There’s a race to recognize ‘street medicine’ in California to provide proper care to the L.A.’s homeless
Assembly Bill 368 would remove unnecessary barriers for treatment of the city’s unhoused population.
Last year, nearly 23% of the roughly 1,300 people experiencing homelessness who died in Los Angeles passed away from underlying health issues. According to the Street Medicine Institute, even for unhoused people who have health insurance, 73% have never seen a health provider.
Assembly Bill 369 (AB 369), a street medicine bill introduced by California Senator Sydney Kamlager, seeks to remove barriers for L.A.’s unhoused population, by allowing care to be provided outside the walls of traditional medical clinics.
This would include healthcare provided on the streets, as well as shelter-based care and services for people residing in transitional housing.
“This is a bill about humanity and about saving Californians. It is a crisis that folks are unhoused and it’s a reality that a lot of folks who are unhoused are also sick and in need of medical care just like anyone else,” Kamlager said.
Today, I was in the passenger seat watching @keckmedusc treat infections and just offer compassion to folks in Skid Row, Lincoln Heights & #ProjectRoomkey.
Being committed to “meeting people where they are”...also means the streets!! We gotta get #AB369 law. pic.twitter.com/QidwExS9Wg
— Sydney Kamlager (@sydneykamlager) August 7, 2021
Dr. Brett Feldman, the director of street medicine for the Keck School of Medicine at the University of Southern California, and his wife, Corrine, a physician’s assistant, are currently the health providers for an unhoused L.A. resident named Doug.
Doug lives in a tent overlooking a freeway in downtown L.A. while trying to manage his diabetes and high-blood pressure. Feldmen and Corrine see him twice weekly to refill his prescriptions, check his blood pressure and check up on his overall well-being.
“Street medicine recognizes that people experiencing homelessness can’t access healthcare the way the rest of us do,” Feldman told LAist.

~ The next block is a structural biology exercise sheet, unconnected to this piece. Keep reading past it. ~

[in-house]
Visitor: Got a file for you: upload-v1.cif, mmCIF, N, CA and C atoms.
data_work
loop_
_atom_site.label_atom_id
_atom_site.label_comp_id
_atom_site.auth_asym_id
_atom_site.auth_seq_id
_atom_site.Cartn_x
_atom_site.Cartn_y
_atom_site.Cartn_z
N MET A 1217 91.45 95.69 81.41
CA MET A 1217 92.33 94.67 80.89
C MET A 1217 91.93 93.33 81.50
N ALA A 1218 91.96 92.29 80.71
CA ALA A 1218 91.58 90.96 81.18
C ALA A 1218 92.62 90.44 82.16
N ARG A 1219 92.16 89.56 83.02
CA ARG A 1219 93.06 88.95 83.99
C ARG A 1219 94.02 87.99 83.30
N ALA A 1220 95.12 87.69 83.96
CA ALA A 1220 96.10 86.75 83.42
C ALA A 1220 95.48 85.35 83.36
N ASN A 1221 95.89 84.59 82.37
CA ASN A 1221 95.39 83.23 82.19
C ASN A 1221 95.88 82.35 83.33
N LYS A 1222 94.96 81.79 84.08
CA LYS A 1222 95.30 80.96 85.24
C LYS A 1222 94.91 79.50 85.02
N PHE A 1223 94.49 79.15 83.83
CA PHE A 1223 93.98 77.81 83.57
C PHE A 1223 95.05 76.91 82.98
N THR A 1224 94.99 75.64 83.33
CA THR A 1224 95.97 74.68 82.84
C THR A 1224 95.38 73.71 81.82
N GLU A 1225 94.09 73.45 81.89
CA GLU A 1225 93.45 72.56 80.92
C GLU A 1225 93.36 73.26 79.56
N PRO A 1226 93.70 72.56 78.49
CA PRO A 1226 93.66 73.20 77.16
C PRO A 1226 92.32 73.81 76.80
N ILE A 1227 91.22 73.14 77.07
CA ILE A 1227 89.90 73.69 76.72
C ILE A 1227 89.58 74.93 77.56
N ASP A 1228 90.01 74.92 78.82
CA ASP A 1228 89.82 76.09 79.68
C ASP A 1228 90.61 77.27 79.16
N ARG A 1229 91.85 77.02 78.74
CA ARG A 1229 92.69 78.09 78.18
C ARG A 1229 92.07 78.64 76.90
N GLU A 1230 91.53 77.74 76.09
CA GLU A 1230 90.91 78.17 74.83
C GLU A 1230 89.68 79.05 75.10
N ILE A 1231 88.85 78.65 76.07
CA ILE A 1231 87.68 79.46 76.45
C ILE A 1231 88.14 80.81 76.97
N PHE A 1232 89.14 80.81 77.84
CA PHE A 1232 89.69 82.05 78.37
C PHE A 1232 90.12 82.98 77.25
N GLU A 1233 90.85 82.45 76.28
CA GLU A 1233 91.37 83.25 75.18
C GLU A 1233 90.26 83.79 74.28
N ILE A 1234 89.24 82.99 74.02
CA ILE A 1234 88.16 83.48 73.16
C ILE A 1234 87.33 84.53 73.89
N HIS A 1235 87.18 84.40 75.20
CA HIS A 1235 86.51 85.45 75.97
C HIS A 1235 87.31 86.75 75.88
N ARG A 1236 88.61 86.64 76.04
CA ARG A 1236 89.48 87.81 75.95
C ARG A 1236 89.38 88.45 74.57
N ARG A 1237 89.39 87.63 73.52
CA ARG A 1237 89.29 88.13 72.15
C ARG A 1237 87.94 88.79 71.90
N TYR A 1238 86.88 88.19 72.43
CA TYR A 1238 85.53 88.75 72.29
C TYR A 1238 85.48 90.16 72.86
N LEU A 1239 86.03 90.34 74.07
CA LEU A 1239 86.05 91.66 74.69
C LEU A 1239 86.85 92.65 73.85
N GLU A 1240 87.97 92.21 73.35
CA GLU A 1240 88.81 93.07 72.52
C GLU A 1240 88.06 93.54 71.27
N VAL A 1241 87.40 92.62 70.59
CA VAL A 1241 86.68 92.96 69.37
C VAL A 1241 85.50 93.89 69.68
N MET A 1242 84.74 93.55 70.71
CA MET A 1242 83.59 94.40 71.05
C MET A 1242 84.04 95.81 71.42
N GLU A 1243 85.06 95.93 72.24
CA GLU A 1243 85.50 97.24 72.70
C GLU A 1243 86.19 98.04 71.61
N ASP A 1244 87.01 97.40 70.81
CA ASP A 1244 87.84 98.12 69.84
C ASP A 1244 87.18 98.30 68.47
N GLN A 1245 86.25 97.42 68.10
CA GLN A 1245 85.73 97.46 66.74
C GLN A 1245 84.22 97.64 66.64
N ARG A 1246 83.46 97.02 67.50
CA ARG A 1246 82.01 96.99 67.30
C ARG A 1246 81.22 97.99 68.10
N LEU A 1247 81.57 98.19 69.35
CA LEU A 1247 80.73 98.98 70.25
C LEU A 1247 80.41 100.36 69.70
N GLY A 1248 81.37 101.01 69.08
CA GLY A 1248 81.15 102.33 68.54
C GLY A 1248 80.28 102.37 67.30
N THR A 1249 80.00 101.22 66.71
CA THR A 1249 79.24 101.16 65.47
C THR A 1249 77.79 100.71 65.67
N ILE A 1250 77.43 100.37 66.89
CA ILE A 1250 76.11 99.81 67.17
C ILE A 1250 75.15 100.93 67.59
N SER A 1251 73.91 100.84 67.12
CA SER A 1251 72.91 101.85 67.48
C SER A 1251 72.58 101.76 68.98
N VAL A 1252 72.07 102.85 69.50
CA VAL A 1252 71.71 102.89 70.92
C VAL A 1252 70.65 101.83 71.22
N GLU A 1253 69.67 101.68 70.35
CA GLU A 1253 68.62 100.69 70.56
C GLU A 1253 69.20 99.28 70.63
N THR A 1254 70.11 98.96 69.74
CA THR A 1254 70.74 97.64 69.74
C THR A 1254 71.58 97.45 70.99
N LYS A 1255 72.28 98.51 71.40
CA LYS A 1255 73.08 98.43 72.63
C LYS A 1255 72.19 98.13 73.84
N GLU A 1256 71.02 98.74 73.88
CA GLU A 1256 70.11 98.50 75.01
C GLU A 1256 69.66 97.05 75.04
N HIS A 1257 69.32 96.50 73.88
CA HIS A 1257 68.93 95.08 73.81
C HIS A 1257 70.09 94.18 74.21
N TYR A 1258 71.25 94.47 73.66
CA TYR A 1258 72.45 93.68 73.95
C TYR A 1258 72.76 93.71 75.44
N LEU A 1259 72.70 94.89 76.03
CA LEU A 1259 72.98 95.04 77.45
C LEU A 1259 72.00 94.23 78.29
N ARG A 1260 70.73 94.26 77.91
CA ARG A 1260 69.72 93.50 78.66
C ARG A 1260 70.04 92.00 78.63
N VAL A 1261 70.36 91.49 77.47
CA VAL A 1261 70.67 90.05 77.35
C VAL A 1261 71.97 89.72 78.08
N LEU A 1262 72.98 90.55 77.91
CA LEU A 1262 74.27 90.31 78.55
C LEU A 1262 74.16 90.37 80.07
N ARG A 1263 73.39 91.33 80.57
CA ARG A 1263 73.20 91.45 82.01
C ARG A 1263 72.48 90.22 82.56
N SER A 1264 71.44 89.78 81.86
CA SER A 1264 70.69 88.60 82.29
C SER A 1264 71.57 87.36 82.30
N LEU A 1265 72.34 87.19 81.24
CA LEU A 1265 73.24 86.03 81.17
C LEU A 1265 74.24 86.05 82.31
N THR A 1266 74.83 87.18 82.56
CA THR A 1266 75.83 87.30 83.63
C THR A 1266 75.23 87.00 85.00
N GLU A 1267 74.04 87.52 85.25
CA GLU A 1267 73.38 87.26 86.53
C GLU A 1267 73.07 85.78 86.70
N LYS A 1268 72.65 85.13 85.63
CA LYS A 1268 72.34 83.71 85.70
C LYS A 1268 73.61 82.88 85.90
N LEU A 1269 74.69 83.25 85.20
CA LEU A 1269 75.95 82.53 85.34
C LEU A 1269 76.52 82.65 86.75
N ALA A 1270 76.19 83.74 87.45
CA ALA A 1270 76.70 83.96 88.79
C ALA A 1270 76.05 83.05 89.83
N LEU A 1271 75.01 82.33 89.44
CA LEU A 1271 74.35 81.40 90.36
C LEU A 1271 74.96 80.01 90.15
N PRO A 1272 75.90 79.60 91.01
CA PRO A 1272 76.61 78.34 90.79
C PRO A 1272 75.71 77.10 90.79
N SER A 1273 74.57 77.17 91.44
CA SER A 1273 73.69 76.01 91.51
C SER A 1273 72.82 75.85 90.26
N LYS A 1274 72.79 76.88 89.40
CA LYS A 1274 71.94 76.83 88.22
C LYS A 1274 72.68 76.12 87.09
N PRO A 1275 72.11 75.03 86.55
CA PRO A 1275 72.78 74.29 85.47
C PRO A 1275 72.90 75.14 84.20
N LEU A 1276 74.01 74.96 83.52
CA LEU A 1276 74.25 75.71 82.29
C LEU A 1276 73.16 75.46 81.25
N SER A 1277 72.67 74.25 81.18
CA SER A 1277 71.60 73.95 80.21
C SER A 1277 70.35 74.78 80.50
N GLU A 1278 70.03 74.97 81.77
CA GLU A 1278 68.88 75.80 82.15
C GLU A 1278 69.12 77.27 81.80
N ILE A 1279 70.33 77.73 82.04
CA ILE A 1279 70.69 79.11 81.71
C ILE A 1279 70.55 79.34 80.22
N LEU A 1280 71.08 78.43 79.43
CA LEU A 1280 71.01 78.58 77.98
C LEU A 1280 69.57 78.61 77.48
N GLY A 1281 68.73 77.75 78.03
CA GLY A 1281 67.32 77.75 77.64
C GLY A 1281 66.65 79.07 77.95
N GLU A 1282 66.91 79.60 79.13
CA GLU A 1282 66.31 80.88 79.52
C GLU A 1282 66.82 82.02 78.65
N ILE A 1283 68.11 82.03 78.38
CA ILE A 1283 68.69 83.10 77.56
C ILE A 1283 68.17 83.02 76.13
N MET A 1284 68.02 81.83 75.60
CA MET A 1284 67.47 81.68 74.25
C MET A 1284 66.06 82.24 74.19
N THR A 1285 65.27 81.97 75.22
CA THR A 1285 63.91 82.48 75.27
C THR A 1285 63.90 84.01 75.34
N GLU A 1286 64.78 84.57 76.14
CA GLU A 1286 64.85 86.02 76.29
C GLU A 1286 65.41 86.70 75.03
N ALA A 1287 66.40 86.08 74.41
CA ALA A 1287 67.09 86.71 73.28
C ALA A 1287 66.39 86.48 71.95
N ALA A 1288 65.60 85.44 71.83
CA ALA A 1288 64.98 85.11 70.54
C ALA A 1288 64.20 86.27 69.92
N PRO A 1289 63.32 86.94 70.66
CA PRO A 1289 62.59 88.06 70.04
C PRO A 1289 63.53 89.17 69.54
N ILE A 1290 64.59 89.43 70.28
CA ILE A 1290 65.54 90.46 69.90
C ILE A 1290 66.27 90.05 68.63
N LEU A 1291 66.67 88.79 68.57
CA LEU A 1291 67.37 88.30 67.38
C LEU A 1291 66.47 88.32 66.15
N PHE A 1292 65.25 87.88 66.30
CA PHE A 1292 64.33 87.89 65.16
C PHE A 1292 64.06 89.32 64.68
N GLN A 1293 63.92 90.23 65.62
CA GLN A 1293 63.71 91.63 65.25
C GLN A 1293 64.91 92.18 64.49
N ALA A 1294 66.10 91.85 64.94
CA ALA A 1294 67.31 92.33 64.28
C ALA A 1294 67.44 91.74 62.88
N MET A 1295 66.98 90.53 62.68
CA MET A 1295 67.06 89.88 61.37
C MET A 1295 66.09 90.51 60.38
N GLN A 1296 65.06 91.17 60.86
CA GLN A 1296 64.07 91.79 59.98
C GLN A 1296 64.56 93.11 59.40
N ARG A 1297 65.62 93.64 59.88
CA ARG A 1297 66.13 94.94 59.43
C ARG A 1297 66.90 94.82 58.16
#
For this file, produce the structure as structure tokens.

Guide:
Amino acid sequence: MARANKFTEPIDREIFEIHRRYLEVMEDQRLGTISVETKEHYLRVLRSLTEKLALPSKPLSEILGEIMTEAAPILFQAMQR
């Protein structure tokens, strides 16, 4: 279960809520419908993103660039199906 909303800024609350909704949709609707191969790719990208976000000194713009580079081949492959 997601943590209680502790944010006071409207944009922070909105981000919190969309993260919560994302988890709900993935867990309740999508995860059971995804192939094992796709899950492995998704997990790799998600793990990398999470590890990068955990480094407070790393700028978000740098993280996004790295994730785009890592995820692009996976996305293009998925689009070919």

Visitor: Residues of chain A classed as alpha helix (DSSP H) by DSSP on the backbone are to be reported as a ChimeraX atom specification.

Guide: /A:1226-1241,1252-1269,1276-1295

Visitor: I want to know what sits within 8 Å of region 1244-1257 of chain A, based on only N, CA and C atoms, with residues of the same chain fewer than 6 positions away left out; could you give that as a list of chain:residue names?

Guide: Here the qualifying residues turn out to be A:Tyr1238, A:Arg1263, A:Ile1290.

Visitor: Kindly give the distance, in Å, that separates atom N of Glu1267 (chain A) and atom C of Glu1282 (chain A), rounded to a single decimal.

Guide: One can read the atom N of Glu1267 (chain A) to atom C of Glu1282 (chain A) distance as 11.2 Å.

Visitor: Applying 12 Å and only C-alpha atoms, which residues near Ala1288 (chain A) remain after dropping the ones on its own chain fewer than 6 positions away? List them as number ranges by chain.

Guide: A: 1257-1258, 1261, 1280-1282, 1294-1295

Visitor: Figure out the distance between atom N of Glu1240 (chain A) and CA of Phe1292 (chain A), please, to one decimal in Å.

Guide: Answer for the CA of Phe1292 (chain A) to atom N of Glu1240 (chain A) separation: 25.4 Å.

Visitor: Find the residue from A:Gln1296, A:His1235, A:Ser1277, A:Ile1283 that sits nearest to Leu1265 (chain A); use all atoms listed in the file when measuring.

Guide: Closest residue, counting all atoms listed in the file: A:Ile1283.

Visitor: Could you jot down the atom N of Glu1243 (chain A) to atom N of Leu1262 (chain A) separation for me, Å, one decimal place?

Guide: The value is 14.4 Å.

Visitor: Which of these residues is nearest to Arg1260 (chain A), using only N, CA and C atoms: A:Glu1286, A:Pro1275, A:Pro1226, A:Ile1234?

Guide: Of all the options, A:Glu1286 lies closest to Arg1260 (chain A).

In 2018, the California Department of Health Care Services established the Medi-Cal Health Homes Program to cater to eligible Medi-Cal beneficiaries with complex needs and chronic conditions.
A 2020 UCLA study that evaluated the program showed that of all those eligible, 13% were successfully enrolled, but only 3.5% were experiencing homelessness.
Feldman said that this just highlights the difficulty in caring for unhoused people from inside four walls.
Heart of LA supports #AB369 The Street Medicine Act - because people experiencing homelessness should have access to health care, no matter where it's provided. Street medicine programs improve health outcomes & lives. It's time to make this law. @sydneykamlager https://t.co/REl1SwbFBx
— HeartLADems (@HeartLADems) August 9, 2021
Doug told LAist that street medicine has been a blessing in his life, and without Feldman and Corrine, he probably wouldn’t take any medications, and be more susceptible to infections.
Street medicine teams like Feldman’s also treat people in transitional housing, including Project Roomkey, a joint effort by the state, county and Los Angeles Homeless Services Authority, to convert hotel and motel rooms into housing.
According to the Street Medicine Institute, the practice has been shown to reduce expensive hospital admissions by two-thirds, but Medi-Cal does not recognize the “street” as a location for providing care for people like Doug, who overlooks the freeway, or for those living in housing such as Project Roomkey.
#AB369 The Street Medicine Act, in part, expands access to Medi-Cal for unhoused people giving them access to care outside of traditional settings.
You’ll hear from Doug and Louis, both unhoused men, about how street med teams impact their lives Monday on @KPCC + @LAist pic.twitter.com/T2s9NolMc0
— Ethan Ward (@iamethanward) August 6, 2021
Kamlager said that AB 369 will allow doctors to go out and meet unhoused people where they are and get reimbursed for their services, and she is “depending” on Gov. Gavin Newsome to sign the bill if it passes.
“We should all be treated the same and all have access to healthcare, and have a doctor who cares enough and willing to do the steps that are necessary to get the treatment,” Kamlager told Laist.
Currently, the California State Senate is debating the bill, and it should land on Gov. Newsom’s desk for approval before Oct. 10, the last day this year’s legislation can be signed into law.